On 19 November, the massed battery pounded the Spanish center as Leval attacked Castejon and Werlé went in against Lacy's division. At first the Spanish swung their line back. Then, as the IV Corps halted to wait for artillery to be brought up, the two Spanish divisions surged forward into musket range and opened fire. The Dutch, Germans and Poles began to edge rearward. Soult ordered up Girard's division to support the wavering IV Corps battalions.
While this was going on, Milhaud's dragoons, supported by Woirgard and Paris, moved rapidly toward the vulnerable Spanish right flank. Screened by olive groves, they suddenly appeared in front of Freire's command. The French charged and soon routed the Spanish horsemen. Milhaud, Paris and Woirgard neatly wheeled their squadrons and tore into the unprotected flank of Lacy's infantry. Soult sent the French line forward. The massed battery savaged the Spanish line with renewed fury.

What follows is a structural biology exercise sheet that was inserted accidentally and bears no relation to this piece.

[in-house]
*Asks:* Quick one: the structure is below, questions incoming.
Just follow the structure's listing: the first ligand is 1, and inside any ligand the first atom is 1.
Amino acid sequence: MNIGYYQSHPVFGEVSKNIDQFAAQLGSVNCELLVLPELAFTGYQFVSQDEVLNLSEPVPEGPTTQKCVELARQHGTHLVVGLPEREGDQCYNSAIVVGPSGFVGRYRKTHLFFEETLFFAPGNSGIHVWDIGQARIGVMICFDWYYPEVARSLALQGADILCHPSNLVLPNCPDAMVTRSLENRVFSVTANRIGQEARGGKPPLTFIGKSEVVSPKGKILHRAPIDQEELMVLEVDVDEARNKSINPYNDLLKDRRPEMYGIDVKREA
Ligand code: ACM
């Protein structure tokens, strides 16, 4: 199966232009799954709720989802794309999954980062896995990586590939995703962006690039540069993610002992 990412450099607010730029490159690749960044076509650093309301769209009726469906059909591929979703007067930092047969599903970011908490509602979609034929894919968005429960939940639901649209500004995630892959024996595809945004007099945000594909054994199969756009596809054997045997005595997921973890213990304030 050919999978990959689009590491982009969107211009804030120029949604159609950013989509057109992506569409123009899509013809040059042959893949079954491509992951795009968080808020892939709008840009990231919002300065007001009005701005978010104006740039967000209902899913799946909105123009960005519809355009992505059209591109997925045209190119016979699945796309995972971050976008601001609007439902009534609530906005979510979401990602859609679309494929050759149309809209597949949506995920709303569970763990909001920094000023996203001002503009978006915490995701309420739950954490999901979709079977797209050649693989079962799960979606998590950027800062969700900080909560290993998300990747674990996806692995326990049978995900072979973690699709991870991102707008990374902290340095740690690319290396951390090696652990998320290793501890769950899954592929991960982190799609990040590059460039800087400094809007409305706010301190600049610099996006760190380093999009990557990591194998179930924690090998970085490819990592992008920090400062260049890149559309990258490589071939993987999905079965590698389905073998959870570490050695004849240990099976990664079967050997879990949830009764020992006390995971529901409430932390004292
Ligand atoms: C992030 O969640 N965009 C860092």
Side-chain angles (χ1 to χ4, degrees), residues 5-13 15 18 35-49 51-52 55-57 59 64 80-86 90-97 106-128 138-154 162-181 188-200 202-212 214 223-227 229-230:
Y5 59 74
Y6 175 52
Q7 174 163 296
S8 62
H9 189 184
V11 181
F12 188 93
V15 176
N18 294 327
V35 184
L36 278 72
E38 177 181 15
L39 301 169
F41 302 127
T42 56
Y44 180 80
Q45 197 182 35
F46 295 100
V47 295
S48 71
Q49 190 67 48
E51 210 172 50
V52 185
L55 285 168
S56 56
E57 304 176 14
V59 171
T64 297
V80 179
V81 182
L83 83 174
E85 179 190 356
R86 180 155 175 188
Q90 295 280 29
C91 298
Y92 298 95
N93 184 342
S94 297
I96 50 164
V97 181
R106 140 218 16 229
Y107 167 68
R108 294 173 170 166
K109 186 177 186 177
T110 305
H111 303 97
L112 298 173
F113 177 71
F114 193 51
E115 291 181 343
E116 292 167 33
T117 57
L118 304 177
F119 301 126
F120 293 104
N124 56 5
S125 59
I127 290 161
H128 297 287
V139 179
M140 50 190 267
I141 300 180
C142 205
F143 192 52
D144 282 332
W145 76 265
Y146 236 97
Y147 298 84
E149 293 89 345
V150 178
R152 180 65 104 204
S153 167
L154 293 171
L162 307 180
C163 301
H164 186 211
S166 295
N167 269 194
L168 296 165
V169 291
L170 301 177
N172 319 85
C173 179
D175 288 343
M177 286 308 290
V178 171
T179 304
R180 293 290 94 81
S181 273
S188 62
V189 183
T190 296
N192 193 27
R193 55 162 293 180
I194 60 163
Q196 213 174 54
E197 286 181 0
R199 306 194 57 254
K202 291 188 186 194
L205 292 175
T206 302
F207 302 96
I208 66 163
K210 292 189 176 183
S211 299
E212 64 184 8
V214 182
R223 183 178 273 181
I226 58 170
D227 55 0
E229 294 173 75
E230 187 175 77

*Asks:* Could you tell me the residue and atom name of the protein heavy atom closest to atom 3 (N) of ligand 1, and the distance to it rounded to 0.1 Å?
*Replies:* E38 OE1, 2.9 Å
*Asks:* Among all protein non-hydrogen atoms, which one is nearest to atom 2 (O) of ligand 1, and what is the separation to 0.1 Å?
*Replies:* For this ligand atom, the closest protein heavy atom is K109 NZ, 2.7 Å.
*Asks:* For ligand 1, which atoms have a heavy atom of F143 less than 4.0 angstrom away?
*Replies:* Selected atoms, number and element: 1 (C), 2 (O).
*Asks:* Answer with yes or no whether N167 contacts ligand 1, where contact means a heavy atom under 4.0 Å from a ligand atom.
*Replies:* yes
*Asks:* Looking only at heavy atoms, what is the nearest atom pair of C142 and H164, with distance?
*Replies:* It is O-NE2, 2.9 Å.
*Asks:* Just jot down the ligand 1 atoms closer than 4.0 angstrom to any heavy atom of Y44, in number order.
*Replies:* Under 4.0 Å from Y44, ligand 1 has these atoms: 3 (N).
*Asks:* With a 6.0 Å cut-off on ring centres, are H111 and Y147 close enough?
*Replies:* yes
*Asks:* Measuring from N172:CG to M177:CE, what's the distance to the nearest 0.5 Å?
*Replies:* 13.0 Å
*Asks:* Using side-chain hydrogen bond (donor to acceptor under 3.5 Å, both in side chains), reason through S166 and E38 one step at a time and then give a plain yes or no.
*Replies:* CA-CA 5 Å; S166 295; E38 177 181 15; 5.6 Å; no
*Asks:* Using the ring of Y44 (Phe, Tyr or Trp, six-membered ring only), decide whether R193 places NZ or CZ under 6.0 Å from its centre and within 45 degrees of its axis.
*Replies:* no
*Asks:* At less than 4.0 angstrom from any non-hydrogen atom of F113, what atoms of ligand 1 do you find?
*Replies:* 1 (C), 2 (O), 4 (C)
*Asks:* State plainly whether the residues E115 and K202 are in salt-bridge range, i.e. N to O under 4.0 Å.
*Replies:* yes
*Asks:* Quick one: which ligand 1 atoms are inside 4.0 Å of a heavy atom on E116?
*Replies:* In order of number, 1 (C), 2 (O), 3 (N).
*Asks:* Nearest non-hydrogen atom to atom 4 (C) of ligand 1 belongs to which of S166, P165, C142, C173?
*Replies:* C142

Faced by the threat of infantry pressing their front while cavalry slashed into their flank, the Spanish divisions collapsed one after another and bolted for the rear. At this crisis, Dessolles and the Royal Guard dashed across the ravine and burst into Ocaña, severing the Spanish left from their disintegrating center and right. As the Spanish army streamed away to the south, only Zayas's division remained intact to cover the retreat. Soult's cavalry pressed the pursuit and broke Zayas later in the day.
Results:The French captured 14,000 Spaniards, 50 cannon, 30 flags and the entire baggage train. Another 4,000 were killed and wounded. French losses were 2,000 killed and wounded. Paris was killed and Girard wounded. This catastrophe temporarily laid Spain open to French domination. The northern Spanish army was beaten a week later at the Battle of Alba de Tormes. The way was open for the French conquest of Andalusia.